ENM is the most powerful method available for restructuring and realigning the horse’s body. Sessions unwrap structural and neuromuscular holding patterns in the connective tissue that compromise fluid movement. These sessions help horses organize themselves so strides become longer, backs lengthen, gaits become smoother and the horse carries himself in natural self-carriage effortlessly.
I begin each session with a pat-down which is a fact-finding pass over the horses’ body. Here I am looking for sensitivities and areas of tightness or irregularity. Then, there are 15 stroke patterns, which I do on each side, in two passes. These strokes, which are often very light and low in speed, fully restructure the horse in five sessions.
Even one session can produce a great deal of positive lasting change for a horse. I also include other techniques such as dural stretches, which stimulate the circulation or dural fluid from the horse’s poll to its tail. There are myofascial release techniques that can address problems such as forging, uneven hips, subluxated ribs, head carriage and the gelding scar.
Your horse’s participation is a vital aspect of this work. The horse not only allows the work, the horse’s body directs the work while the practitioner facilitates. As the practitioner’s hands soften the tissue, it opens and change occurs as the tissue lengthens and space returns to the dense compressed compensation areas. Because the horse must approve of the work, there is only a positive effect. Make no mistake about it, working under a horse’s skin is a cooperative effort!
A major, if more subtle benefit from this work includes helping the horse to experience somaemotional recall and release. Connective tissue is known to have memory. The energy from traumatic event often enters the body of the hone and becomes stuck in the tissue. It can stay walled off in the body and become what is sometimes referred to as energy “cyst.” These can be released through ENM session work, especially with jaw and poll techniques. This is exciting and cranial work can bring dramatic change for a horse.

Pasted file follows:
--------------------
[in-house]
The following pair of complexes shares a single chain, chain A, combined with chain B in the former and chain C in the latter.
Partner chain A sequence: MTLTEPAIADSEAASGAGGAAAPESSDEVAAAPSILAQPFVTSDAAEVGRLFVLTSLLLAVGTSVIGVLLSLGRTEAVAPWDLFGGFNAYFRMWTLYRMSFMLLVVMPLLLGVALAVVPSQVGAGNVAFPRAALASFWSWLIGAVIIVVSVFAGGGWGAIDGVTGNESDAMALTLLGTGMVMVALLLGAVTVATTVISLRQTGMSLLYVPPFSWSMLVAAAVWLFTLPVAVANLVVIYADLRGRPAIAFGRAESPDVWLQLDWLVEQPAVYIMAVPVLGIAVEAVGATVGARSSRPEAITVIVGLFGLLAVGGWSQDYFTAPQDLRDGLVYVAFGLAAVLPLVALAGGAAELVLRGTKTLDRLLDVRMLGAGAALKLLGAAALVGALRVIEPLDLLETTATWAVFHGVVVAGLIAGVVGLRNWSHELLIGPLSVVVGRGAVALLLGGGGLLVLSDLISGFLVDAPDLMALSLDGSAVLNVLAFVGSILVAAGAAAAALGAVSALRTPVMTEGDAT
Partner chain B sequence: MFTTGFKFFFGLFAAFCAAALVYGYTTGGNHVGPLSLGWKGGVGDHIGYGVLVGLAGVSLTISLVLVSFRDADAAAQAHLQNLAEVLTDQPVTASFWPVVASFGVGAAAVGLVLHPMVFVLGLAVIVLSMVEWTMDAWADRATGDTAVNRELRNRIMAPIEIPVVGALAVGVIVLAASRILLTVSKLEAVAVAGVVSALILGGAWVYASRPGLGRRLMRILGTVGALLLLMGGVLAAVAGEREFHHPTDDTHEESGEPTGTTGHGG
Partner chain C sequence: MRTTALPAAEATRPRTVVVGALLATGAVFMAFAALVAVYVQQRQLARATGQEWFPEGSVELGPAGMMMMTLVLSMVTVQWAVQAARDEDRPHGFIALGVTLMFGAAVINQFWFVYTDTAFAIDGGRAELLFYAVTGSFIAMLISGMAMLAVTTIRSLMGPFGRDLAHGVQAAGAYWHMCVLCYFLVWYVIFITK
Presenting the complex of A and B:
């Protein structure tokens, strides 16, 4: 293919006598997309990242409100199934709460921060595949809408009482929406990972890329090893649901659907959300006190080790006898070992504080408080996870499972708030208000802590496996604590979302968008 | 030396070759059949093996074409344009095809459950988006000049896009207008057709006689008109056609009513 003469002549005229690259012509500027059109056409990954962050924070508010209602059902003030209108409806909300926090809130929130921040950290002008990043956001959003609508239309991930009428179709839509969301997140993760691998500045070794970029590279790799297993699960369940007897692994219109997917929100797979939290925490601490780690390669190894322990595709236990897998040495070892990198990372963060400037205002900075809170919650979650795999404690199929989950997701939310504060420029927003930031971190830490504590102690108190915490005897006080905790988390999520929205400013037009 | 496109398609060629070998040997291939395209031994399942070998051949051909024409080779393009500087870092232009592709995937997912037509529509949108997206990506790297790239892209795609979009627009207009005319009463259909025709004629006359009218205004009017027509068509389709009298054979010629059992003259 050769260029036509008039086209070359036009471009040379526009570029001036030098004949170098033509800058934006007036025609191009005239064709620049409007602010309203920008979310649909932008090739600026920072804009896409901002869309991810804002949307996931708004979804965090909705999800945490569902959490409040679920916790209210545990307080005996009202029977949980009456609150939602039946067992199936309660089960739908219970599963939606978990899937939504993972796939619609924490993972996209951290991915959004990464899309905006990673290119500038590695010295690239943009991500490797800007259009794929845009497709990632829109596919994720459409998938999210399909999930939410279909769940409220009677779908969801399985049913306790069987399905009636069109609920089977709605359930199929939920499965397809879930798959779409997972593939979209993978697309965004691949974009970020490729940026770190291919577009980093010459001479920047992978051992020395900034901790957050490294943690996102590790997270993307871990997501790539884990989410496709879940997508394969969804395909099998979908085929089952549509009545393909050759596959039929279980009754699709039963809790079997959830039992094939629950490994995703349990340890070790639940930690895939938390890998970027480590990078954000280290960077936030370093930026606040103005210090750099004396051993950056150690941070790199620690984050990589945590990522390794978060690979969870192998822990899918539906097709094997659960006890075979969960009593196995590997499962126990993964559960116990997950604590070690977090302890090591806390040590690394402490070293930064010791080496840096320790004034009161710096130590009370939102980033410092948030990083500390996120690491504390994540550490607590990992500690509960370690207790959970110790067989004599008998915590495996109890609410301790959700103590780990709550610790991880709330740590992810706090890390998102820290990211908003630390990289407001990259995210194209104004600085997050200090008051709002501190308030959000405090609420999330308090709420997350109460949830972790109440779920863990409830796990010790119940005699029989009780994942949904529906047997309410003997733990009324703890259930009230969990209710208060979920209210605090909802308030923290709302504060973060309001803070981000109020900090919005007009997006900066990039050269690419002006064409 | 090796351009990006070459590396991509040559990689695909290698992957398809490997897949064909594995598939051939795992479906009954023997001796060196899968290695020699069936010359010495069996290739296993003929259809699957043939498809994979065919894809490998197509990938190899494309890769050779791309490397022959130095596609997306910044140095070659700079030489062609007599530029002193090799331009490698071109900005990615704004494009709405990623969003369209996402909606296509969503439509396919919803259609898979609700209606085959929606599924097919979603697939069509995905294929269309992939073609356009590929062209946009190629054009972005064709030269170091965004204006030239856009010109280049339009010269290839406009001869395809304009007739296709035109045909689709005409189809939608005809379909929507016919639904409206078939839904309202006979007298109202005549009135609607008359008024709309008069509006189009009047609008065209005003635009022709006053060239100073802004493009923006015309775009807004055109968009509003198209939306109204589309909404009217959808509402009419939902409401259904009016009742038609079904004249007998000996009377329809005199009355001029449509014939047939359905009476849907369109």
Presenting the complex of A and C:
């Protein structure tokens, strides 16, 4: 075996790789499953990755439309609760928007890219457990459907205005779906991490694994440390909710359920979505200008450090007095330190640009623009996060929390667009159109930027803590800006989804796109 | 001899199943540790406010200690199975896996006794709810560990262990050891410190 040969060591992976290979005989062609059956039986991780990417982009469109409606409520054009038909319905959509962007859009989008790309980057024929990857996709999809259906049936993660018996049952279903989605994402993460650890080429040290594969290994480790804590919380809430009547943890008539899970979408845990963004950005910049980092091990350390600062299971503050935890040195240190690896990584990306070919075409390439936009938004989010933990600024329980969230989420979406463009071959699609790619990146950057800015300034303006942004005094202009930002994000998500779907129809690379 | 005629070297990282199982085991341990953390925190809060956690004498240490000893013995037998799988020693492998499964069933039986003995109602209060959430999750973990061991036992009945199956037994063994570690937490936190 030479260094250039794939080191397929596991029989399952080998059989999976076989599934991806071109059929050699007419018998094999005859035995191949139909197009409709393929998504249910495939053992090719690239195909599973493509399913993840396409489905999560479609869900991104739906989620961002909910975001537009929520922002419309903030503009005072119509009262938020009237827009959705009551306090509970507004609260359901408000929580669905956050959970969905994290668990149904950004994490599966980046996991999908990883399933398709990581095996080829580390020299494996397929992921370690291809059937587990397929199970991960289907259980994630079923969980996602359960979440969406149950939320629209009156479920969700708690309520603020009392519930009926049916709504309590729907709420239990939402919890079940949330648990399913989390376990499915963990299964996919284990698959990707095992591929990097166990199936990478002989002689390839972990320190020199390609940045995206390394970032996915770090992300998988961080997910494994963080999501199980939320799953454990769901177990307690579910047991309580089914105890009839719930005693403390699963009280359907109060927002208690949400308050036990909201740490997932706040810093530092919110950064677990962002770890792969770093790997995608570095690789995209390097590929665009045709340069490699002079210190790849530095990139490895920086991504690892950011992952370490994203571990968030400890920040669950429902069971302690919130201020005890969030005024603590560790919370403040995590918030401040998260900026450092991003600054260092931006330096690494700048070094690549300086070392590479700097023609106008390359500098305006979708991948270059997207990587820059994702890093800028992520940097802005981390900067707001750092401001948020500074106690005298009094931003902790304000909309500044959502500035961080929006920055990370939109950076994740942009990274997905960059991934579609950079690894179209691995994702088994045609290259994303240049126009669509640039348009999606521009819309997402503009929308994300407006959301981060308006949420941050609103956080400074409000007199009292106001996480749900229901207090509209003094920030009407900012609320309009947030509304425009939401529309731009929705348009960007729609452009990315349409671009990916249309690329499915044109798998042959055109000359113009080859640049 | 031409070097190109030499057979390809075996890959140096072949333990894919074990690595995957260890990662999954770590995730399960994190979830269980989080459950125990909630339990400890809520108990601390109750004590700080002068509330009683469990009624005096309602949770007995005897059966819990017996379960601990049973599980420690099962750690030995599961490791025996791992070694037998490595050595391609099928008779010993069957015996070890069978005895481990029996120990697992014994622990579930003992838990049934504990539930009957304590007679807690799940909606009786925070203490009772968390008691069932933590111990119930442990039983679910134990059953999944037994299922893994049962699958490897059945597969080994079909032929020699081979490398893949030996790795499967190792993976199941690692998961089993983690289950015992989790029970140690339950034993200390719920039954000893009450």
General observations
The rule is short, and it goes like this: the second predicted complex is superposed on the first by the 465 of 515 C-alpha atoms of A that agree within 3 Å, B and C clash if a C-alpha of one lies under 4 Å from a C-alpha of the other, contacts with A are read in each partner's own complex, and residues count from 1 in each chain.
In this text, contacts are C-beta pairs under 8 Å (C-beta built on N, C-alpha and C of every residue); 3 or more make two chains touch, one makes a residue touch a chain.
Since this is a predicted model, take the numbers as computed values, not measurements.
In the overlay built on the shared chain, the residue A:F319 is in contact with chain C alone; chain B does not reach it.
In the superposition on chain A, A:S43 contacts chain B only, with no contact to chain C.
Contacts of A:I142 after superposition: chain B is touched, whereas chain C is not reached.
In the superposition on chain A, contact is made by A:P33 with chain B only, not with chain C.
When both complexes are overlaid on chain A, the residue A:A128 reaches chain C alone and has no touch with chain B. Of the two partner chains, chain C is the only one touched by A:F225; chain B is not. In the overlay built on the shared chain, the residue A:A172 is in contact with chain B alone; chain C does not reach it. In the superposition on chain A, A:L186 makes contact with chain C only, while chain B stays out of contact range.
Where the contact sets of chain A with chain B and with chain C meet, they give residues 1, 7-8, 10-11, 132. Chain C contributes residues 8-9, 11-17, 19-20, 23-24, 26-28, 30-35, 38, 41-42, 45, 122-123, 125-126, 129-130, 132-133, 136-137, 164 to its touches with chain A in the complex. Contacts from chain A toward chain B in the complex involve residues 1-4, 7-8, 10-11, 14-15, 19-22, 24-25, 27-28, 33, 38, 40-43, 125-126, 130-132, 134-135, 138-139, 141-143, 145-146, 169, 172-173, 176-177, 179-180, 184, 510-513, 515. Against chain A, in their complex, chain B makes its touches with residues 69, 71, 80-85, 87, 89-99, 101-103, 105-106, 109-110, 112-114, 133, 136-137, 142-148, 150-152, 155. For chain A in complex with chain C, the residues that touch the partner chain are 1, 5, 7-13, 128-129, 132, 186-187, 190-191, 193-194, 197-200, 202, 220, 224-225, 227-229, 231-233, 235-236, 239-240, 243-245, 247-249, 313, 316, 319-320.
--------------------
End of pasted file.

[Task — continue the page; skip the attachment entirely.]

Moaner, a large paint horse with an unknown history of traumas was transformed by five sessions with special focus on his head and poll. His habit or moaning disappeared and he became more “available” to his trainer.
Another example is Kleka, my own 35-year-old Spanish Barb mare who still can take a 9-year-old girl on a rollicking trail ride, thanks to bodywork helping her with her arthritis and age. There are many cases where the sessions lift the horse into the blue ribbons by soaring past performance plateaus. Many of these results are lasting for the horse.
So by now, perhaps many of you horse owners are intrigued and wish to help your own horse with bodywork. Here is a technique that you can practice on your own horse right away.
The mane lift: grasp the hair of the mane near the roots in large handfuls, gradually begin to lift, pulling the mane hair straight up and away from the horse. Apply as much pull as the horse enjoys for bout 3 minutes. The forelock can also enjoy a pull. Grasp the forelock hair, pull down and away from the horse’s head. Apply only the pull that the horse enjoys and hold for about 3 minutes.
These simple releases can be a part of the grooming routine and they will give your horse a new connection with you, something nice just for him or her.